I raise this because it has implications on the "fear" that the bird flu may mutate at any given moment to something more dangerous. Perhaps it won't.

And look at the implications for the overuse of antibiotics. It has been suggested that viruses are becoming resistant to antibiotics. They have mutated. But it is also possible that these antibiotic-resistant strains have always existed. Only, now that we have been successfully eliminating their competition through antibiotic use, the ones that are resistant are, again, experiencing a population shift.

What I haven't seen is any real evidence given that we've actually ever witnessed a mutation as has been suggested in the media. Would we be able to differentiate a mutation from a population shift? History would suggest not necessarily. What I'm curious about is if anyone who is more familiar with this has links to information that provides such evidence. Because as of right now, I keep reading phrases such as, "scientists believe...," qualifying any such claims.

Such qualifiers sound suspiciously similar to the very phrases scientists balk at when they come from creationists. It only goes to show how much of science, even today, is framed by our beliefs.

Thursday, November 15, 2007

The Case of the Missing Case

Two days ago, the three movies we borrowed from the library were due back. Two of the movies were ready to go. The third? Well, we had the DVD, but no case for it. This, of course, is not unusual in our home. With four kids (not to mention myself!), things get misplaced frequently.

So, a mass search of the house ensued. First, in all the usual and expected places. When the case didn't turn up, we searched all the unusual and unexpected places. Still no case. We interrogated the kids, but none of them knew where it was. Under the beds, behind furniture, stuffed among the piles of papers and books strewn across the house, in the laundry room (including, yes, in the washer and dryer!), through piles of laundry, bathroom cabinets, and everywhere.

Nothing. Of course, we're in the process of preparing for a move, so things are in a general disarray at the moment. I explained this situation to the librarian, and he gave me special dispensation, renewing the disc for me to give me more time to find the disc.

I, of course, checked under our bed, between the wall and our mattress, in and around our nightstands. Very thoroughly, I might add. So, of course, I was a little put out when my wife grilled me on just how well I checked there.

"Did you look between the wall and...?"


"What about underneath...?"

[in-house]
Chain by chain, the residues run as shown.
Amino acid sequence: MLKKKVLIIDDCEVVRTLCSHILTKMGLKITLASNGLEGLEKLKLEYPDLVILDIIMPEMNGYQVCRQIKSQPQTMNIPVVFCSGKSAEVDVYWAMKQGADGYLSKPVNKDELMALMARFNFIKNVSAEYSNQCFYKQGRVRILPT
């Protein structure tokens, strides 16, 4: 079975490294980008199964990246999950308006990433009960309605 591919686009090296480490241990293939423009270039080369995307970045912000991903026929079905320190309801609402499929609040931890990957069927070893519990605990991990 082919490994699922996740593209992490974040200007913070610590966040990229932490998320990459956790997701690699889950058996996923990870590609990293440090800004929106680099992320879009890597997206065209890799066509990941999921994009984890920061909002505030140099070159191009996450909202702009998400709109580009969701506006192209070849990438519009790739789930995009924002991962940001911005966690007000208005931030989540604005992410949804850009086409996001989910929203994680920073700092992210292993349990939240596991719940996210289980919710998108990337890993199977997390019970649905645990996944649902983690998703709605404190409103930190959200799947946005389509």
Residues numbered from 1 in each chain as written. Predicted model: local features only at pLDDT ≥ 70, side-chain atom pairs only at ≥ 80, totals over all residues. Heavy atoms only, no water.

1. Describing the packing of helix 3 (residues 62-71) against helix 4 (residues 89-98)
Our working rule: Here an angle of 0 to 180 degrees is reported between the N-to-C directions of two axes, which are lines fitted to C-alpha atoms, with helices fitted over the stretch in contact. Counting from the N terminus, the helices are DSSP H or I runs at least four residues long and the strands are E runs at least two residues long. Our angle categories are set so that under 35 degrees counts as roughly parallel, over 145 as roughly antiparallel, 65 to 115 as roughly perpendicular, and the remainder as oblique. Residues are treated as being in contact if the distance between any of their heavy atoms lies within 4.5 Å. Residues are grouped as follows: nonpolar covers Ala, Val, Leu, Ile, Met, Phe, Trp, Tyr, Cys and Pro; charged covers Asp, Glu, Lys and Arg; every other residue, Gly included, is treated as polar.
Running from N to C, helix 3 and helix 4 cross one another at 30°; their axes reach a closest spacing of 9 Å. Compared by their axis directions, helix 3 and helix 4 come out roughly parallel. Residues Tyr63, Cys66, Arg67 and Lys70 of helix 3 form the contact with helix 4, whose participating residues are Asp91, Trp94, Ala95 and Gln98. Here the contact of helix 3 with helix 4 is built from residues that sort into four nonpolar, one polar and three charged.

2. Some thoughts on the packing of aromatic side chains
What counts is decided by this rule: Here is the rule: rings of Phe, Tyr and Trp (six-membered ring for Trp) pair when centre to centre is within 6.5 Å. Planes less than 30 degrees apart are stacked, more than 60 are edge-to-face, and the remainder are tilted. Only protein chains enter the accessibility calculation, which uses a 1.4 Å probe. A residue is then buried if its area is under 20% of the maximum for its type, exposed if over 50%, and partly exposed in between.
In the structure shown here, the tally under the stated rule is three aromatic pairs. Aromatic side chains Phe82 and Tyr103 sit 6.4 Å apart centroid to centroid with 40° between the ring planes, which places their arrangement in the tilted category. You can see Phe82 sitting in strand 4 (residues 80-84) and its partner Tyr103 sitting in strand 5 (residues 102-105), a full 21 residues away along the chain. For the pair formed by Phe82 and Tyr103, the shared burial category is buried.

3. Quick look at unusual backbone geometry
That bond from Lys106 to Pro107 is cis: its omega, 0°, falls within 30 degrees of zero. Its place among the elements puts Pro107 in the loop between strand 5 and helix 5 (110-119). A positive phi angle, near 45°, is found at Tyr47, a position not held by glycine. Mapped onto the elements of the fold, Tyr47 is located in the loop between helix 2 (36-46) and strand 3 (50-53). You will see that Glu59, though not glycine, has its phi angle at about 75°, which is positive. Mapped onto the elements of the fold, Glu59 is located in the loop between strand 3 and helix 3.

"Yes! I did!"

I detailed where I looked quite extensively. But the next day, the case was still missing.

That night, just before going to bed, I decided to make one last check in our room. Just to be sure. You know. Just in case. Which really means that little voice in the back of my heading saying, "Uh, Ryan? Are you sure you looked as well as you say you did?" Of course, admitting I hadn't would only prove my wife's distrust of my searching ability as correct. So, I wouldn't admit.

Anyhow, there I was at eleven o'clock at night on my knees, searching under the bed once again. And that's when I noticed something. Near the wall, behind a box. It was thin and white. Just like a DVD case. I moved the box and, lo and behold, there it was! The DVD case!

Of course, the only possible solution was that at some point one of the kids found it and stuffed it back there at some point after I had searched under the bed. That's it. Really. Because it couldn't be that I didn't search good enough. Not after tearing apart the entire house.


Okay, okay, okay. I admit it. I was wrong. I looked under the bed, sure. But not as thoroughly as I had made my wife believe. And as a result, I went to my wife on my knees and begged her forgiveness. (Honestly, I really did do that. Because I know when I'm doomed.)

So the case is missing no more. Of course, the question still remains. How, exactly, did the case get there to begin with? That, I'm sure, was the misdoings of my kids. Still, it taught me something. I'm just not about to admit what that is.

Wednesday, November 07, 2007

What's Next? No Friends Allowed?

Well, I think we're approaching the end of civilized civilization as we know it. And I'm only partly joking. Because from this point forward, you are not allowed to hug anyone. That would constitute a "public display of affection" after all. Even if that hug is a friendly "good-bye" hug among friends. That'll earn you a detention.

Oh, and I guess that little tear drop forming in the corner of your eye when you know you won't be seeing them for the entire summer vacation? Cause for suspension, I'm sure. In fact, you'd better not even have friends, because that would eliminate any possibility of displaying any form of affection at all.

That's what this world is coming to, least as evidenced by this article.

Something is wrong here. I'm sure the school board was originally trying to preventing the "suck-face" displays that irritate the on-lookers in the school hallways. Seems reasonable. But come on, a good-bye hug among friends?

I'm tired of the implications that touching implies some impropriety in this world. If anything, I think there is a serious lack of touching in the world. People need affection. People need to know they are loved and cared about. People need a shoulder to cry on or a comforting embrace at times. Girlfriends need (for some reason that eludes me) to hold hands or lock arms as a way to prove their BFF status to everyone around them. Even boys need to rough house. Touching is a part of life. It is a necessary and healthy part of life.